Disclaimer: Amanda Downum is a friend and a critique partner. So this won’t be an “objective” review. It’s probably not even really a review.
Kingdoms of Dust by Amanda Downum
This is the third book in Amanda’s Necromancer Chronicles (the first two being The Drowning City and The Bone Palace). Of the three, Bone Palace is probably my favorite. But Kingdoms is a close second.
One of the things I really admire about the Necromancer Chronicles is how Amanda has pulled off displaying her worldbuilding without having it feel like a “travelogue” sort of series. Drowning takess place in Symir, which has a fantasy southeast Asia feel, Palace in Erisín, which is more western/northern Europe in flavor, and then Kingdoms is in Assar, which has a Middle Eastern bent. But one thing that is crucial is none it comes off as a cheap copy-and-paste of those Earth cultures… just familiar enough to give a sense of bearing. But more importantly, since the Necromancer Chronicles are so grounded in the character of Isyllt Iskaldur, the movements from place to place feel organic and natural. Isyllt is a spy, after all, and in Drowning she’s away on a mission, in Palace she’s back home, and in Kingdoms she’s abroad again due to the fallout of events in Palace. And despite the chronological progression, each book stands nicely on its own as a singular adventure.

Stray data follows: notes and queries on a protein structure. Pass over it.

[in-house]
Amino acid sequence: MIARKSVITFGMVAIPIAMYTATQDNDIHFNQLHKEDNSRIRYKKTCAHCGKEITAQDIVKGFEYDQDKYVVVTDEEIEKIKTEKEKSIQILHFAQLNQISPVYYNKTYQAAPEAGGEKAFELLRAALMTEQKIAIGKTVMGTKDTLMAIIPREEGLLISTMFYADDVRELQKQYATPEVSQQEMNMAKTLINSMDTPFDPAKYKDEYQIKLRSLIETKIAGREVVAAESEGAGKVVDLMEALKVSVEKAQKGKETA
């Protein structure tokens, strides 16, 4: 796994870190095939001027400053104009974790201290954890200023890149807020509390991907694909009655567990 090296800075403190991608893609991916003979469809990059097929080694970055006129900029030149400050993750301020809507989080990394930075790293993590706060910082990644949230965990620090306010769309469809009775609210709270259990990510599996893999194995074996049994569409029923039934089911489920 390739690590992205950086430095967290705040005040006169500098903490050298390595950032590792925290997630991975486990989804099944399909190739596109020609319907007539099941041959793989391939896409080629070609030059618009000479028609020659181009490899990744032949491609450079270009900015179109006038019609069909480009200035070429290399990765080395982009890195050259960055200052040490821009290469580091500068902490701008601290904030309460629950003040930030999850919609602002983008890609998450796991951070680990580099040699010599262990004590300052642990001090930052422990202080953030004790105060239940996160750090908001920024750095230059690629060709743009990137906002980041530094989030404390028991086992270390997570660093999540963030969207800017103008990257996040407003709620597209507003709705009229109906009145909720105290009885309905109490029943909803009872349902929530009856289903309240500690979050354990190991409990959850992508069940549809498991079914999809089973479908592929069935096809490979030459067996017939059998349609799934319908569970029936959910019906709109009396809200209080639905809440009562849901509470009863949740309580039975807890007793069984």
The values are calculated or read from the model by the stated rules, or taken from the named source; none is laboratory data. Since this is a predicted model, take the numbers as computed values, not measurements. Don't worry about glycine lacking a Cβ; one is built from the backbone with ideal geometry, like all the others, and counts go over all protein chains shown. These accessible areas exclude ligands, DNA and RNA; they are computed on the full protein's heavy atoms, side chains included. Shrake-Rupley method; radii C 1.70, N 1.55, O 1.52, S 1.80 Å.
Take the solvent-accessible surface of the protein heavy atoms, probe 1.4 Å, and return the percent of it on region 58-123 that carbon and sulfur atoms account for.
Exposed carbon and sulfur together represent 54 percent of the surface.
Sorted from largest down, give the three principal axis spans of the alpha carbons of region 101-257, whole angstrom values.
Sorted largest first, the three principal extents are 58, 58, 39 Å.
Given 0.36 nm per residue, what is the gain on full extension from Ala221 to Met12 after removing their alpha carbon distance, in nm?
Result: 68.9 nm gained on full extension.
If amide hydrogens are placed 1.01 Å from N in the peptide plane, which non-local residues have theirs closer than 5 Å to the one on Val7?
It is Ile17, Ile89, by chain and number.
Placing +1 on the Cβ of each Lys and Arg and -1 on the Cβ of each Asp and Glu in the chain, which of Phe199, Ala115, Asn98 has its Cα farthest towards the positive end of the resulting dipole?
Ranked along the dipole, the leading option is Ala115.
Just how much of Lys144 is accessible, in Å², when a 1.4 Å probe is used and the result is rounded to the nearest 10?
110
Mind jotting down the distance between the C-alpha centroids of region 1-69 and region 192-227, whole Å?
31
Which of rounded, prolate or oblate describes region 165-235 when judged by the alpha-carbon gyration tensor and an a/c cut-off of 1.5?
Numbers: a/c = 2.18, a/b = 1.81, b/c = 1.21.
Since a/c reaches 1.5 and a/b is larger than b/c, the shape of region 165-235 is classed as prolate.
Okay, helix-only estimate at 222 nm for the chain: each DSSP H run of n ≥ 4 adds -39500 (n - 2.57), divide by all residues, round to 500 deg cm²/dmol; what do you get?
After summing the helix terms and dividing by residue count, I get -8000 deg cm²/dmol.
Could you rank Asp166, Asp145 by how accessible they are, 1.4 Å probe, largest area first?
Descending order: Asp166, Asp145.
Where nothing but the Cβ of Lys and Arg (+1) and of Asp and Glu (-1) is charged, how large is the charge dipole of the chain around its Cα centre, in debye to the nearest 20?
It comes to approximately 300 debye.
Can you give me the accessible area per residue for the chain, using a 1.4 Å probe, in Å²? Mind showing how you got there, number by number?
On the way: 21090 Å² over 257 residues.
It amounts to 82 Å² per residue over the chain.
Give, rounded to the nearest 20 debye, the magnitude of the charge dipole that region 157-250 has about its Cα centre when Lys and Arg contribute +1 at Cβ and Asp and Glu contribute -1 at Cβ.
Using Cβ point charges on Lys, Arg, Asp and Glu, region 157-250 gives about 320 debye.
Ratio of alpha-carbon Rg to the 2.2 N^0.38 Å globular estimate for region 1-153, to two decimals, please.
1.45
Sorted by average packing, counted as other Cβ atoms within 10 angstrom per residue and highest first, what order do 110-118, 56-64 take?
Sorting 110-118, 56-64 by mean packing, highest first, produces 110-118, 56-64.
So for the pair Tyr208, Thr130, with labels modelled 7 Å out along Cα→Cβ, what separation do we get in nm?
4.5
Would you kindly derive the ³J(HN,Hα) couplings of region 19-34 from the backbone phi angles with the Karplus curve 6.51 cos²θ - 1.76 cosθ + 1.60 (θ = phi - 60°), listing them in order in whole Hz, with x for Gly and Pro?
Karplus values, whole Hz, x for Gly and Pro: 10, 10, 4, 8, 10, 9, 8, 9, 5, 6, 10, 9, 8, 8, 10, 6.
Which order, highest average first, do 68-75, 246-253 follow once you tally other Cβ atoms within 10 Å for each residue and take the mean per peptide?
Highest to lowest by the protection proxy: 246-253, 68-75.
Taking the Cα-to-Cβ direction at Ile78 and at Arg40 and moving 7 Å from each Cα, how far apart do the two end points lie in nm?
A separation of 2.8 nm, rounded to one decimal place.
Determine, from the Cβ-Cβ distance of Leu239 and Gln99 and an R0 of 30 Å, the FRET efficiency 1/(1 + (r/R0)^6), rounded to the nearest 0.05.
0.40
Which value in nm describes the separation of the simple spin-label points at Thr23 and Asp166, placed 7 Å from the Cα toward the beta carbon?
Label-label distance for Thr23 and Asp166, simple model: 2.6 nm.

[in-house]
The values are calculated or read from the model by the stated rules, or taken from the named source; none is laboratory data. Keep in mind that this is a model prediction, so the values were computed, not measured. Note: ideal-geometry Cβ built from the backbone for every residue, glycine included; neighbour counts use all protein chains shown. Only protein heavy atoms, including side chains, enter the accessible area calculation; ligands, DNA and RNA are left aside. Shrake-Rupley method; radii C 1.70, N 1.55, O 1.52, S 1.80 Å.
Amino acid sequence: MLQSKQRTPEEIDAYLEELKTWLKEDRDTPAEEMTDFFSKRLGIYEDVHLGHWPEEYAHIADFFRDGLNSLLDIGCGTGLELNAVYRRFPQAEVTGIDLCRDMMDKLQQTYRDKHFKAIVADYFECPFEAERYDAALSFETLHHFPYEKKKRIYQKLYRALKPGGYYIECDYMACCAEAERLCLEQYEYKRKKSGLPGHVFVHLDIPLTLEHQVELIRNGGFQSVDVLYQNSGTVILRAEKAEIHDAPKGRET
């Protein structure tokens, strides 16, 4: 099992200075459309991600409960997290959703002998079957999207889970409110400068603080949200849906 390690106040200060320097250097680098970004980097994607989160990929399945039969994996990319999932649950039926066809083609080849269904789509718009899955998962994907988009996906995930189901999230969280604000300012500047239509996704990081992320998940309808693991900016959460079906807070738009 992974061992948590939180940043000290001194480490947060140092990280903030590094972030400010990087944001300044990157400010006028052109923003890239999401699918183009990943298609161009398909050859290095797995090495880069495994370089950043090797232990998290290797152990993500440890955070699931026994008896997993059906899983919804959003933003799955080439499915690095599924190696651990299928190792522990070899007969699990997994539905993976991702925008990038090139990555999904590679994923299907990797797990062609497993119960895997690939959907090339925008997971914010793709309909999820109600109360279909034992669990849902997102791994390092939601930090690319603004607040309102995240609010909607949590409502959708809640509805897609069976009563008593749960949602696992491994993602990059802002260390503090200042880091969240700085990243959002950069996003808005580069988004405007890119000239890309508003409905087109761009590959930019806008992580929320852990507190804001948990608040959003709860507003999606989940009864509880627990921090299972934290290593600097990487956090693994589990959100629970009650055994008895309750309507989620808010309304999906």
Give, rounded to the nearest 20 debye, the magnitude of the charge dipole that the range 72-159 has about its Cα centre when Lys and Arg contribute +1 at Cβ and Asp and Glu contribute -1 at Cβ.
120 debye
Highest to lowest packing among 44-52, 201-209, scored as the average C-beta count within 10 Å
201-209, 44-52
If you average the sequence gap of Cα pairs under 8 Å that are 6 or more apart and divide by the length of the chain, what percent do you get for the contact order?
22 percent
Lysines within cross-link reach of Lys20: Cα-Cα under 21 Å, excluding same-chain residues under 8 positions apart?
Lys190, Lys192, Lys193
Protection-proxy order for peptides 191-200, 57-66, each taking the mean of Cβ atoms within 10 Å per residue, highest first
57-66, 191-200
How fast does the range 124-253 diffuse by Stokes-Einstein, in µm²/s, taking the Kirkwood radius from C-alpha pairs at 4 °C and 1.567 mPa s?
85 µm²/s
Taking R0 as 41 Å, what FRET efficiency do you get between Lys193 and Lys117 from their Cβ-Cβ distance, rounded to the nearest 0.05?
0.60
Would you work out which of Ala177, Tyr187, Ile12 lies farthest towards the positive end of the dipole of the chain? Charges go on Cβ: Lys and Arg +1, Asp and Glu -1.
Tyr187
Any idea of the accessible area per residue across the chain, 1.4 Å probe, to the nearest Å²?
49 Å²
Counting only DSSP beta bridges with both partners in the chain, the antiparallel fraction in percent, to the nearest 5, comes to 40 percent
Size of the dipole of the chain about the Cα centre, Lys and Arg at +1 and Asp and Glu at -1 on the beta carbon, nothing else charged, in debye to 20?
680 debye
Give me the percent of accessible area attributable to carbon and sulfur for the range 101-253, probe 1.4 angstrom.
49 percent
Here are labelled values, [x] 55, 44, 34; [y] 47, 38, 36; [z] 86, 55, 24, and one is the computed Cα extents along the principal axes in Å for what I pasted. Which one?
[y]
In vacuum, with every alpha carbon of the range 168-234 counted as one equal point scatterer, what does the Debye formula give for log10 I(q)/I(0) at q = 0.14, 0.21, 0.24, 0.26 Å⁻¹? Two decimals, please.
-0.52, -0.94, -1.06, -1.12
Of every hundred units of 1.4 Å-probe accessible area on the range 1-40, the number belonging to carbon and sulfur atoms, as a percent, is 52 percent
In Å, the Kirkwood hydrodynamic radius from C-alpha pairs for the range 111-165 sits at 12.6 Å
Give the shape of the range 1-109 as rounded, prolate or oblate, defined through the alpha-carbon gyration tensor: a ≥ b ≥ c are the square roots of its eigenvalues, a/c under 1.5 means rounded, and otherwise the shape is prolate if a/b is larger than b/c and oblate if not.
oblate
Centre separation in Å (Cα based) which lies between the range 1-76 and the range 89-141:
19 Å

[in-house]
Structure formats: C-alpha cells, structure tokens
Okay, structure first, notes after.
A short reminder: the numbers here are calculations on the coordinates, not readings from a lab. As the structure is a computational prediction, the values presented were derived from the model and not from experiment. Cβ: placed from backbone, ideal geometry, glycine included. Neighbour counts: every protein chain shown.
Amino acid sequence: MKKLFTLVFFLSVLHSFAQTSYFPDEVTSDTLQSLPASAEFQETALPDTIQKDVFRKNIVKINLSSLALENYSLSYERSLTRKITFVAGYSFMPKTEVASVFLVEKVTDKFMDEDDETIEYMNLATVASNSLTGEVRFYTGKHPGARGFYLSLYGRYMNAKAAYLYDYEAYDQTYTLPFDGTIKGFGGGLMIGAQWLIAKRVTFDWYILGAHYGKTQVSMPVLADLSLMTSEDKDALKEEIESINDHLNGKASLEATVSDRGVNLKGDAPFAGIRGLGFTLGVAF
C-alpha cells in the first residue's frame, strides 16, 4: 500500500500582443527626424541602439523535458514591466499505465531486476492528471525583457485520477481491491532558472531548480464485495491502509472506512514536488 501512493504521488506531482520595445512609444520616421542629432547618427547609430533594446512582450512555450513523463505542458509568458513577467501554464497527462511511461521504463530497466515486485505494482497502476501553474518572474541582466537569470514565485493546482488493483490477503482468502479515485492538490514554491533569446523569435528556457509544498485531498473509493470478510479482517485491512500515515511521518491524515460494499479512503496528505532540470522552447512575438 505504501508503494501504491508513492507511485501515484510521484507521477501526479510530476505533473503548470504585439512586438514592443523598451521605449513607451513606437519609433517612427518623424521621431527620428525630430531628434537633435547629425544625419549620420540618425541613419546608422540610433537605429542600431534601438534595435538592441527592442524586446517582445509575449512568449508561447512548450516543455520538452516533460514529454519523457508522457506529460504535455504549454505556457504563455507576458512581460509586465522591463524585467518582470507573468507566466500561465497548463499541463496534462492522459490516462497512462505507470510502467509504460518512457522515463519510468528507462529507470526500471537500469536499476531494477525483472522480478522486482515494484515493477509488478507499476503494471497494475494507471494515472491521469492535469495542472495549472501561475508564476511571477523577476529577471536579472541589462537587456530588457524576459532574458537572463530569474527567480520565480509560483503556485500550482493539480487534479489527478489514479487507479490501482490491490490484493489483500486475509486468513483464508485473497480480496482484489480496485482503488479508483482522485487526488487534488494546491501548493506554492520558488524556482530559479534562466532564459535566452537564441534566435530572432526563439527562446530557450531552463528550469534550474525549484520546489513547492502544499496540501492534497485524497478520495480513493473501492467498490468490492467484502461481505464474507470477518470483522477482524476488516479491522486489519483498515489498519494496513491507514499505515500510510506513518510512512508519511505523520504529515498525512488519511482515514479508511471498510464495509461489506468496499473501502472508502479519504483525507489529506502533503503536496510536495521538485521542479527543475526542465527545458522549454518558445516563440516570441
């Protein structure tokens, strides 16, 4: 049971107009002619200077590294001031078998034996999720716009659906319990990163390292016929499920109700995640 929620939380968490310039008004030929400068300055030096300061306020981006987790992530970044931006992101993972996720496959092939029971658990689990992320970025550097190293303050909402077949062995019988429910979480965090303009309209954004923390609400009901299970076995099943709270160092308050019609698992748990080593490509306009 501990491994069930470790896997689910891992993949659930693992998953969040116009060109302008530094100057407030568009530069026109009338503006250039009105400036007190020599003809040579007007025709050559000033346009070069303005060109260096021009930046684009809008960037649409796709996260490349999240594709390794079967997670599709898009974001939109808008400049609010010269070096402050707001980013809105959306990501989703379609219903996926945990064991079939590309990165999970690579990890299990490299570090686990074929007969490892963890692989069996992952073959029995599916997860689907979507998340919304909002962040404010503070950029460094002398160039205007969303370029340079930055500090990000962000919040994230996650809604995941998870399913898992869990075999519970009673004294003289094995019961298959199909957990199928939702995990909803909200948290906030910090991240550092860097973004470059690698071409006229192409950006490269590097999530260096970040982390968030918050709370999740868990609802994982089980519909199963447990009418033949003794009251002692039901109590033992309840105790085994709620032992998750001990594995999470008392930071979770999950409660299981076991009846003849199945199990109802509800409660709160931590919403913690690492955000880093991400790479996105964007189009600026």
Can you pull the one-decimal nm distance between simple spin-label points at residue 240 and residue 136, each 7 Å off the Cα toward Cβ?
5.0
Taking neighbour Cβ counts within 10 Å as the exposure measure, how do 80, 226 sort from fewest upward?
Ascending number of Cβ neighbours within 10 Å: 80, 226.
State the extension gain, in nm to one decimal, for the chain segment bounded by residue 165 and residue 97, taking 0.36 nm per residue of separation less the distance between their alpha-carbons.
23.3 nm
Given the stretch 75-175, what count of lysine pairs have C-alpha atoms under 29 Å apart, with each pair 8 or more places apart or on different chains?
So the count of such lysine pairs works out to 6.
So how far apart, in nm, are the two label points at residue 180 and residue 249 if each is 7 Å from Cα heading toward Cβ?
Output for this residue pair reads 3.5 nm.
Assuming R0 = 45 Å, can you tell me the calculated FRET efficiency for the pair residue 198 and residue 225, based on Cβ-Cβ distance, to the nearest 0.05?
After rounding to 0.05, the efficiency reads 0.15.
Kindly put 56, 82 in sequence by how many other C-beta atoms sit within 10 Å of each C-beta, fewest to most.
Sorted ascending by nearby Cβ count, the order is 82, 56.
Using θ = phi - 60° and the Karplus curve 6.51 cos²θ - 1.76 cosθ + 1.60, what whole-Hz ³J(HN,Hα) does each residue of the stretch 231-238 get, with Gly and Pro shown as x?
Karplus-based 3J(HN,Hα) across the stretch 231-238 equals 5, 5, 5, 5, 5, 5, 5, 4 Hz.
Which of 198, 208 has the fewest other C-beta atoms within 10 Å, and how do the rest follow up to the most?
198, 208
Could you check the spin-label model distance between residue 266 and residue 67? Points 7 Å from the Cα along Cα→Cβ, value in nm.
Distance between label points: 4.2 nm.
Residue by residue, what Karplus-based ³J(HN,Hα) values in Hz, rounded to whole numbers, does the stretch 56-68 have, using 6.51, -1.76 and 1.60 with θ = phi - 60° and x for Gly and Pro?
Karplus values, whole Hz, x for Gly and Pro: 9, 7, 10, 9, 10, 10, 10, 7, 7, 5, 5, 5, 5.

Kingdoms more or less opens up with some “getting the band back together” of characters from Drowning— there’s only one secondary character from Palace that carries over– while setting up the stakes for this book.
I love how Isyllt is kind of self-loathing and messed-up, but without it just being telegraphed that she is self-loathing and messed-up, or having that be her defining characteristics. She’s a straight-up hero in my book, but part of her heroism comes from her own self-loathing. She’s the kind of hero that is presented with Bad Choice A and Bad Choice B, and through her own ingenuity comes up with Bad Choice C, which gives more solution than A or B, and most of the bad falls on her shoulders.
My one complaint is the character of Moth, who carries over from Palace as Isyllt’s new apprentice. For the first half of the book, she’s there mostly as furniture, mentioned in passing as usually out doing her own thing. The second half has Moth suddenly becoming active, but mostly complaining that Isyllt doesn’t pay any attention to her. For me, it came out of left field. Though Moth is the one key character who, unless I’m mistaken, we never get a point-of-view from. A better sense of her perspective in the first half would have given her complaints in the back half more weight.
All in all, a fun, enjoyable read.